SHESHET (late third century and the first half of the fourth century c.e.), Babylonian amora. Sheshet's main teacher is not definitely known. He attended *Huna's lectures (Yev. 64b; Ket. 69a) and quotes statements in the name of *Jeremiah b. Abba (Eruv. 12a) and *Rav (Yev. 24b). He taught in Nehardea (Meg. 29a) and Maḥoza (Ned. 78a), and later founded an academy at Shilḥe on the Tigris (Letter of Sherira Gaon, ed. by B.M. Lewin (1921), 82). His most constant colleagues were *Naḥman b. Jacob and *Ḥisda. Sheshet suffered from both physical frailty (Pes. 108a) and blindness (Ber. 58a). However, although requiring the aid of a reader (Sanh. 86a), he overcame these difficulties by his great determination (Men. 95b) and an extremely retentive memory (Shev. 41b). It is recorded that Ḥisda's lips trembled in admiration when he saw the ease with which Sheshet quoted beraitot (Eruv. 67a).
The distinctive feature of his teaching was his insistence on the authority of precedent. He usually justified a decision by saying, "We have learnt it in the Mishnah or in a baraita" (bm 90a; Yoma 48b; Yev. 11b). His favorite question to his pupils was, "What is my source for this?" and his answer would be "For we have learned it in a baraita" (Kid. 68a; compare Yev. 35a, 58a; Shab. 123b). He was a keen scholar (Ber. 8a) and used to recapitulate his studies every 30 days (Pes. 68b). It was once said of him, "It is good when one possesses a keen understanding in addition to the inheritance of tradition" (Bek. 52b and Rashi ad loc., see Eccles. 7:11). He was, however, averse to the casuistry of Pumbedita. He once answered one of Amram's quibbling objections with the remark, "Are you not from Pumbedita, where they draw an elephant through the eye of a needle?" (bm 38b). *Naḥman testified that Sheshet taught halakhot, *Sifra, *Sifrei, *Tosefta, and all of the Talmud (Shevu. 41b). Sheshet himself admitted, however, that in matters of aggadah, "I cannot dispute with Huna" (Suk. 52b and Rashi ad loc.). He explained Proverbs 3:16, "Length of days is in her right hand, and in her left hand riches and honor," to mean that whoever studies the Torah with due respect receives as his reward length of days as well as riches and honor. He who does not do so, receives riches and honor, but is denied length of days (Shab. 63a). He was also the author of the maxim, "A borrower is the slave of the lender" (Git. 14a).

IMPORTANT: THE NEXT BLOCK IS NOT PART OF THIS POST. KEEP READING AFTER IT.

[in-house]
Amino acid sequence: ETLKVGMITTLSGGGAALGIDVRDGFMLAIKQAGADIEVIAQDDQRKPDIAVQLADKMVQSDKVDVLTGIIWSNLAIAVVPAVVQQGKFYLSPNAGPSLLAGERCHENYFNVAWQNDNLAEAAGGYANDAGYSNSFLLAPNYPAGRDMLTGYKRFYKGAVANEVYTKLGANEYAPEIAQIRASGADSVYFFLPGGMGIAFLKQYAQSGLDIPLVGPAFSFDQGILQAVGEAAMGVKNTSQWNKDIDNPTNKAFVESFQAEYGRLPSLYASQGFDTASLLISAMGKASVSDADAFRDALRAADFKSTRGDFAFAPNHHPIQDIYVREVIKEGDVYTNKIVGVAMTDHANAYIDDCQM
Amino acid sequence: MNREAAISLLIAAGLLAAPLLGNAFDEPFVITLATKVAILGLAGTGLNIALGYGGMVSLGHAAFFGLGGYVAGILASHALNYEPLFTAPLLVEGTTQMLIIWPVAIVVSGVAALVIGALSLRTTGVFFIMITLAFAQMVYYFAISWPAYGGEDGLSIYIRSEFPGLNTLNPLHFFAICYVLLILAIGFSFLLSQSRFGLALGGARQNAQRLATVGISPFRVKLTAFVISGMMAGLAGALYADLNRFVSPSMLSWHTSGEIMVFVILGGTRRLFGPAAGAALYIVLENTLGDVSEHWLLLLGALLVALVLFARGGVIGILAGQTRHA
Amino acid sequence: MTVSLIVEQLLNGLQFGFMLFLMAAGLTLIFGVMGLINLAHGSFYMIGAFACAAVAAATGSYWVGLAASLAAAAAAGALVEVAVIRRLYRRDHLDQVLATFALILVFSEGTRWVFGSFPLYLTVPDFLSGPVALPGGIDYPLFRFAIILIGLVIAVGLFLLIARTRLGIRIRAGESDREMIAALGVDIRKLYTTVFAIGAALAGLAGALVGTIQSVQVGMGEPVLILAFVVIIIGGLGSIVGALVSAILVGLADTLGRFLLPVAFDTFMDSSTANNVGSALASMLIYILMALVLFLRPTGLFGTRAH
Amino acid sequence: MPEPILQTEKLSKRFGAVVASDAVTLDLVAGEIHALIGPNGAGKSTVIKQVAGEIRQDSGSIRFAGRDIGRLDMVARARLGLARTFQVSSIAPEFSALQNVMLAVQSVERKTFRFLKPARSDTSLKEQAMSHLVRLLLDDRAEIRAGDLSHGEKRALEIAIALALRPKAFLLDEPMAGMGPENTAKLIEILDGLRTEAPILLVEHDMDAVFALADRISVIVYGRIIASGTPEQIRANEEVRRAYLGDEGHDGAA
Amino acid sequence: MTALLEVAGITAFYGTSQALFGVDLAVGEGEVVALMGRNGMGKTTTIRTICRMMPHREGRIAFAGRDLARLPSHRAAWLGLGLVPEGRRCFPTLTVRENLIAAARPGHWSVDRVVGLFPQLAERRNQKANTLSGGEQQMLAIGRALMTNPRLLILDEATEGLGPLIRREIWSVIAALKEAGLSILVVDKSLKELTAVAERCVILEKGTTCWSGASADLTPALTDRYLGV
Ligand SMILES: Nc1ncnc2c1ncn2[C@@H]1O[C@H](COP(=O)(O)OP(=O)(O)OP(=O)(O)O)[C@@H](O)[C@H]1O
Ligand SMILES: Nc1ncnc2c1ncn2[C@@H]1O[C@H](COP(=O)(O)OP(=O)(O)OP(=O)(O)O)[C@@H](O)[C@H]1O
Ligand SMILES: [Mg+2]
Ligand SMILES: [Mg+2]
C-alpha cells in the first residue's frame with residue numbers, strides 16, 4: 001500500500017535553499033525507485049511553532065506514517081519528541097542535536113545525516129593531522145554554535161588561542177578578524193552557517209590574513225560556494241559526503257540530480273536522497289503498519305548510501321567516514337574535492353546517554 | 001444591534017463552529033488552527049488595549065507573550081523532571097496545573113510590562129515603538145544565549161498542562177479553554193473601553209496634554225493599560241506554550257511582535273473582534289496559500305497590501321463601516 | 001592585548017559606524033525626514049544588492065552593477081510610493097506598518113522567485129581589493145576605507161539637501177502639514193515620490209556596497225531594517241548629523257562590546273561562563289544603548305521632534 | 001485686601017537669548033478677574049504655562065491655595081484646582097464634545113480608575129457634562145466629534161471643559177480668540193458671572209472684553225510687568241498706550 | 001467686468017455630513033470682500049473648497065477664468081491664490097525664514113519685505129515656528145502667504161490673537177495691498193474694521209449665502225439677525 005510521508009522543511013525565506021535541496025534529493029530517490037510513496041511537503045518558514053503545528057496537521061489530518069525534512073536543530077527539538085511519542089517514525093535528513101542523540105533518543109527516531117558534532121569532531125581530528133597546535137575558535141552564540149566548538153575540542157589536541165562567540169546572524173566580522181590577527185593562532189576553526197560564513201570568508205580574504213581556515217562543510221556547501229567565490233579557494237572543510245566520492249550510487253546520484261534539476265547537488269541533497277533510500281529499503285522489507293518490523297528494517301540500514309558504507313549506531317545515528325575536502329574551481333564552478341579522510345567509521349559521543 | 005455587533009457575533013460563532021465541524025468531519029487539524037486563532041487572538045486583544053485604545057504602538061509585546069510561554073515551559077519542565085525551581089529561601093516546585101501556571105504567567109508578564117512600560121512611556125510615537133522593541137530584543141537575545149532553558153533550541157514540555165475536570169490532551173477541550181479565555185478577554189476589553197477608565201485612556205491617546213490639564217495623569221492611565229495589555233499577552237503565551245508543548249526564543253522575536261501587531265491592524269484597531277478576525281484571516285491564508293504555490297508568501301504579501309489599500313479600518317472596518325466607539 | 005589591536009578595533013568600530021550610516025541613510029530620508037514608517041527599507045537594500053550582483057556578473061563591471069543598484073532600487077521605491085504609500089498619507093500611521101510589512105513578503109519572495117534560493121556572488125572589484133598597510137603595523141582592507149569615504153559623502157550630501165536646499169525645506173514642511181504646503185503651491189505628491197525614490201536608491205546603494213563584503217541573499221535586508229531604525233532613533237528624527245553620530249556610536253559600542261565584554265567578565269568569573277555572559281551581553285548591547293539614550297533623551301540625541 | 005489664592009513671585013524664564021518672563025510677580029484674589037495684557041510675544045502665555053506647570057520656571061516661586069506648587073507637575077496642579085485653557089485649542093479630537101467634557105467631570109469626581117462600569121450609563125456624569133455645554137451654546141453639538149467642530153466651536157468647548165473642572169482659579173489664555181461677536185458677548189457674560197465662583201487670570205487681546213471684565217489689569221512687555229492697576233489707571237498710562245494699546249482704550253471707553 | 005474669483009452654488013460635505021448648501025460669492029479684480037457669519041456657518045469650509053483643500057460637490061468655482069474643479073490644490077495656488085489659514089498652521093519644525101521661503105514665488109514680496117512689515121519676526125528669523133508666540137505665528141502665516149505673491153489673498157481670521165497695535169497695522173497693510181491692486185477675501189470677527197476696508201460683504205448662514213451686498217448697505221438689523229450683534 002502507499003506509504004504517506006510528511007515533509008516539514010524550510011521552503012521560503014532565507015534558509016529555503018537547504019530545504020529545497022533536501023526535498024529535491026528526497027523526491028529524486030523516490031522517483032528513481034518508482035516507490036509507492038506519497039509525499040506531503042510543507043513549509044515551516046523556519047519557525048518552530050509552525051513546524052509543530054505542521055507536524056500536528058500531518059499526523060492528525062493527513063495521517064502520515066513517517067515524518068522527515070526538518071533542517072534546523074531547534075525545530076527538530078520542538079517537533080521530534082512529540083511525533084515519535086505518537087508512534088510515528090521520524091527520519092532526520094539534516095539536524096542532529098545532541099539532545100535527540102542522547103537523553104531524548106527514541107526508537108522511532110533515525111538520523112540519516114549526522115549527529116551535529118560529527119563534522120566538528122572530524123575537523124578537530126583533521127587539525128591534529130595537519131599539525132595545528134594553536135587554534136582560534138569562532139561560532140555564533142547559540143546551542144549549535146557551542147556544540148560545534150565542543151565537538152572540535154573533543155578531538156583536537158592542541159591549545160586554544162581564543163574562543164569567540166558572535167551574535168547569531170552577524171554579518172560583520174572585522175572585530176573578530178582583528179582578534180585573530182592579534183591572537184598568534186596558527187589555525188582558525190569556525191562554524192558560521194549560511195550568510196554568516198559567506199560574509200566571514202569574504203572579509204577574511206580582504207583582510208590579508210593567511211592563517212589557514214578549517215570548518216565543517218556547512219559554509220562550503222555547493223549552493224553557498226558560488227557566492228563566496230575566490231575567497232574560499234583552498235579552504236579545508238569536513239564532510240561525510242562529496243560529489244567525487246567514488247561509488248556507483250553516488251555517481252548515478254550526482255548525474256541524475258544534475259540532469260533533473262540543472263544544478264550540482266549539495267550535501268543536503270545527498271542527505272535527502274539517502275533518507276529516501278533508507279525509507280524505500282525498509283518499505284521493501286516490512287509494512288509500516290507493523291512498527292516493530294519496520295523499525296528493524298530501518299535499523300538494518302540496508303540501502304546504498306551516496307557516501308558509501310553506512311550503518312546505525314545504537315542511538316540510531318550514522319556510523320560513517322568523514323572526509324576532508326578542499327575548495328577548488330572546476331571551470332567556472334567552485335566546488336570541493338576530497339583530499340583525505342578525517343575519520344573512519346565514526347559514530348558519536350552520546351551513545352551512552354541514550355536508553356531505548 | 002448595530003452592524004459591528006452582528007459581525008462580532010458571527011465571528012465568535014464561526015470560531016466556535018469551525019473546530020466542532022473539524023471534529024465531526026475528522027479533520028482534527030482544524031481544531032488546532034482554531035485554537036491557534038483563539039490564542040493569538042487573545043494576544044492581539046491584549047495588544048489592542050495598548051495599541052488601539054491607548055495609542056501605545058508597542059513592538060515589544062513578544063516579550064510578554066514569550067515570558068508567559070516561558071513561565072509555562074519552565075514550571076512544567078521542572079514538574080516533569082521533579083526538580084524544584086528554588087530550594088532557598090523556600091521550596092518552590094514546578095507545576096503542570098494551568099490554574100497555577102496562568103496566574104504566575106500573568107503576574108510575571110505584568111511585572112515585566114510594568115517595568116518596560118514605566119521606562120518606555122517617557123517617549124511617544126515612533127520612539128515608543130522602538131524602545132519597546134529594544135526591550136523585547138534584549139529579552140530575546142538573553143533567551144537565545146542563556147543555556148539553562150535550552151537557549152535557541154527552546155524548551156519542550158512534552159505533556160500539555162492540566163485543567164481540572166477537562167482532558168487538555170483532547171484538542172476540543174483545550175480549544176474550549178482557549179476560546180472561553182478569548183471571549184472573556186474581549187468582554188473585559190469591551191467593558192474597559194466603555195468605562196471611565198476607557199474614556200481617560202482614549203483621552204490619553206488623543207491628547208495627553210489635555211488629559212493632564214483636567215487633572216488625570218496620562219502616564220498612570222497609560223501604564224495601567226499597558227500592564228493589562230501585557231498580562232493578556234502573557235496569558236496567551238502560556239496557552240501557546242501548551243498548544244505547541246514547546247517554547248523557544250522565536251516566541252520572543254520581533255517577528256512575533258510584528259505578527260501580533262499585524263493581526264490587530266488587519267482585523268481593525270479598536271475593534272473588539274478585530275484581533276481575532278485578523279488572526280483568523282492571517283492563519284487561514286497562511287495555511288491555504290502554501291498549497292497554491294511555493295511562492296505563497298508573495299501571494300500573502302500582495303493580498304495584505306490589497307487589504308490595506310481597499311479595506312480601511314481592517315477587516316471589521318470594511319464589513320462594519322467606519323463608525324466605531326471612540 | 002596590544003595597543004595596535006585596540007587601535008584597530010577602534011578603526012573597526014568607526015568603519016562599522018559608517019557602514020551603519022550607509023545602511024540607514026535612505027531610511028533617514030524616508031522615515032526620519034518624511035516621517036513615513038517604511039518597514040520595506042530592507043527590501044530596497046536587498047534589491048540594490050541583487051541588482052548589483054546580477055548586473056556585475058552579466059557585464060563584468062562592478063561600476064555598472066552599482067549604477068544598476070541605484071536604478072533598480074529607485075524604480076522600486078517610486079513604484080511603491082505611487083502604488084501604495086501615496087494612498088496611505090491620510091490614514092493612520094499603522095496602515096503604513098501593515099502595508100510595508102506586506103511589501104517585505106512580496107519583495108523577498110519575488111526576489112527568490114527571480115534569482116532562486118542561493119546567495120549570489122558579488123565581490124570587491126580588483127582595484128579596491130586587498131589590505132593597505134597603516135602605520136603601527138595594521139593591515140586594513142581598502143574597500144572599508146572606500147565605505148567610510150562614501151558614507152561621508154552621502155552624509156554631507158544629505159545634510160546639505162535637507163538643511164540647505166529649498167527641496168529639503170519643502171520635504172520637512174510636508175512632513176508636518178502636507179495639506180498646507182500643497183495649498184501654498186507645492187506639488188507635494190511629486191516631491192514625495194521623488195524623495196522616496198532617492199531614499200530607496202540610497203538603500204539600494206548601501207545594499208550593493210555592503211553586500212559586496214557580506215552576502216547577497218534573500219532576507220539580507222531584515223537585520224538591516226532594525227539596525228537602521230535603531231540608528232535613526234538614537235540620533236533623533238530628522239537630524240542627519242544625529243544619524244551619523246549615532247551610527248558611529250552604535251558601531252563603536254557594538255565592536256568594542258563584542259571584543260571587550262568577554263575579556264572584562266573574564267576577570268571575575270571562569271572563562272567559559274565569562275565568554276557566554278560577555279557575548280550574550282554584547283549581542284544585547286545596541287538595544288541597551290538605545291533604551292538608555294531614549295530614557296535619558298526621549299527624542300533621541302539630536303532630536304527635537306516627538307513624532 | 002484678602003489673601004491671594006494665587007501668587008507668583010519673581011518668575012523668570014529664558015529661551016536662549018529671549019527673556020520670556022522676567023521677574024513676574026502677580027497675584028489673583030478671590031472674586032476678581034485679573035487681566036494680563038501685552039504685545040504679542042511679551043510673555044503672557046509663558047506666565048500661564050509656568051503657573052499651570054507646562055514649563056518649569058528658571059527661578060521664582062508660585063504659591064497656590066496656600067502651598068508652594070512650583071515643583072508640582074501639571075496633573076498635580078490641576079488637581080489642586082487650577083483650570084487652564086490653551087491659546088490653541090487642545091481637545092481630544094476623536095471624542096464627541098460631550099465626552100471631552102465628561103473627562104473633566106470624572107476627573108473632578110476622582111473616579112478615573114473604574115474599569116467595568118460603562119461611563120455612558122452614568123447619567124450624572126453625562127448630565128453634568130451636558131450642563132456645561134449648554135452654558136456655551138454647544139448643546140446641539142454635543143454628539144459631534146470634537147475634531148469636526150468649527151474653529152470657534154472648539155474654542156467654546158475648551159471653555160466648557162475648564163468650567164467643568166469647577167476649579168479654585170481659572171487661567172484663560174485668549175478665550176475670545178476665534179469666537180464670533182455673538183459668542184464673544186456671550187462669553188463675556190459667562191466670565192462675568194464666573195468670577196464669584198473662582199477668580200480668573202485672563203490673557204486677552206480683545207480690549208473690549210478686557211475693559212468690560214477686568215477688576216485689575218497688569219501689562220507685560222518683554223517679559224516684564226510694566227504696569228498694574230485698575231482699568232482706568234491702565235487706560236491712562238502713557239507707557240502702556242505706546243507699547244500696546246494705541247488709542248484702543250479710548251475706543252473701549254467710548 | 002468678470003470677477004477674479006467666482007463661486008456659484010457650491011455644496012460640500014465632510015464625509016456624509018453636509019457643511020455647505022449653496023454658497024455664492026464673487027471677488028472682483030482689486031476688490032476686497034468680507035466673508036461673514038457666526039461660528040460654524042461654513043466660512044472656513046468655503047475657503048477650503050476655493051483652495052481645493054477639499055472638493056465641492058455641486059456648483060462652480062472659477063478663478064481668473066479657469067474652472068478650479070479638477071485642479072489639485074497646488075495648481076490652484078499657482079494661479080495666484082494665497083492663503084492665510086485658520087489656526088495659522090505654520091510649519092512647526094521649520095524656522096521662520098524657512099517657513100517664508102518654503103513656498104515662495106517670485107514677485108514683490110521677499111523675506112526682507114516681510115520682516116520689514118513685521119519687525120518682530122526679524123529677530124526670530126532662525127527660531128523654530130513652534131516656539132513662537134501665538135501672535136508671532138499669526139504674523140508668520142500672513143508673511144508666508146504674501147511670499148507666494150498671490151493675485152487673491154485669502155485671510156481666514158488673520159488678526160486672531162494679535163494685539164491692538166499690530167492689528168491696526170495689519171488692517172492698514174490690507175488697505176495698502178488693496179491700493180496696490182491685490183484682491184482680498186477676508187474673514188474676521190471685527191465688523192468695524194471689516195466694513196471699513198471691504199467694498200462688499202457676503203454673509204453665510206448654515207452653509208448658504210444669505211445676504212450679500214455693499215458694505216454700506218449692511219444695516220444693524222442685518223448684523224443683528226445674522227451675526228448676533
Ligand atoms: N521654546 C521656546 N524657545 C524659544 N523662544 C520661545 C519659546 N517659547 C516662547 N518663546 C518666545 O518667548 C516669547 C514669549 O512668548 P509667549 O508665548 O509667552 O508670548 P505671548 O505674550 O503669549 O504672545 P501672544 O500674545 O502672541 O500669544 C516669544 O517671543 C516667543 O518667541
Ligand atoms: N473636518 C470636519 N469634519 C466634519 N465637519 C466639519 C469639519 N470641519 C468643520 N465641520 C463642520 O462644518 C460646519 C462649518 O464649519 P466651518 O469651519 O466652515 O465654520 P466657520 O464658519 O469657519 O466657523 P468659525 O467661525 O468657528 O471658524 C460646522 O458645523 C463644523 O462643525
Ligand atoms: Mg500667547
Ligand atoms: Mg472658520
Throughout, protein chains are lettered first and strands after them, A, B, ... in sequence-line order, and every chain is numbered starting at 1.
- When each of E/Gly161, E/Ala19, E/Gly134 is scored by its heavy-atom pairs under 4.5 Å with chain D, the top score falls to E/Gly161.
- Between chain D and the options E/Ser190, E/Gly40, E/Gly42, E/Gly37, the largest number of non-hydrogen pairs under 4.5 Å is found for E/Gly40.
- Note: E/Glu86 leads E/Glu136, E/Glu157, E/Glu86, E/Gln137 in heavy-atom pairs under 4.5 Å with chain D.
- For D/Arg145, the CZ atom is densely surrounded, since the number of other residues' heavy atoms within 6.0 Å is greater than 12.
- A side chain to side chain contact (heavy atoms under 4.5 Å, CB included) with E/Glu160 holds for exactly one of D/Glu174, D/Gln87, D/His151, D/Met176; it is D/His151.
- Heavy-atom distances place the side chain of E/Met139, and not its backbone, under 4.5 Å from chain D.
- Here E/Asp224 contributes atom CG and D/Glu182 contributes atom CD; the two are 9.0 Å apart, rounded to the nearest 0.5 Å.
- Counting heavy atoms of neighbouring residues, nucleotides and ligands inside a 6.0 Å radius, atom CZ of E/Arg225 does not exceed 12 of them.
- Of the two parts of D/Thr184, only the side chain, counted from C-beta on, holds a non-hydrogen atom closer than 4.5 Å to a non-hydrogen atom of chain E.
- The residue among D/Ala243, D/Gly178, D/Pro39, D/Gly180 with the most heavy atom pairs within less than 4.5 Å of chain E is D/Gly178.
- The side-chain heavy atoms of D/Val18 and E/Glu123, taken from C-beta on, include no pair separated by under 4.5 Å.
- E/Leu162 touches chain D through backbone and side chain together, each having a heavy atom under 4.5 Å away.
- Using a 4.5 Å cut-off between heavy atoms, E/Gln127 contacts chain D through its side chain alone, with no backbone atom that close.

The Talmud illustrates his piety by recording that he never took more than four paces without wearing his tefillin (Shab. 118b and Rashi ad loc.). It is also related that a sectarian once taunted Sheshet that because of his blindness, he would not be able to know when the king, whom a large crowd was waiting to see, would pass by. Despite the efforts of the sectarian to mislead him, Sheshet nevertheless managed to identify the exact moment of the king's passage. In reply to the enquiry as to how he knew, he replied, "The earthly kingdom is like unto the heavenly, and (in i Kings 19:12–13) God's appearance is announced by a deep silence" (Ber. 58a).
Bacher, Bab Amor; Hyman, Toledot, 1231–35; Ḥ. Albeck, Mavo la-Talmudim (1969), 312–4.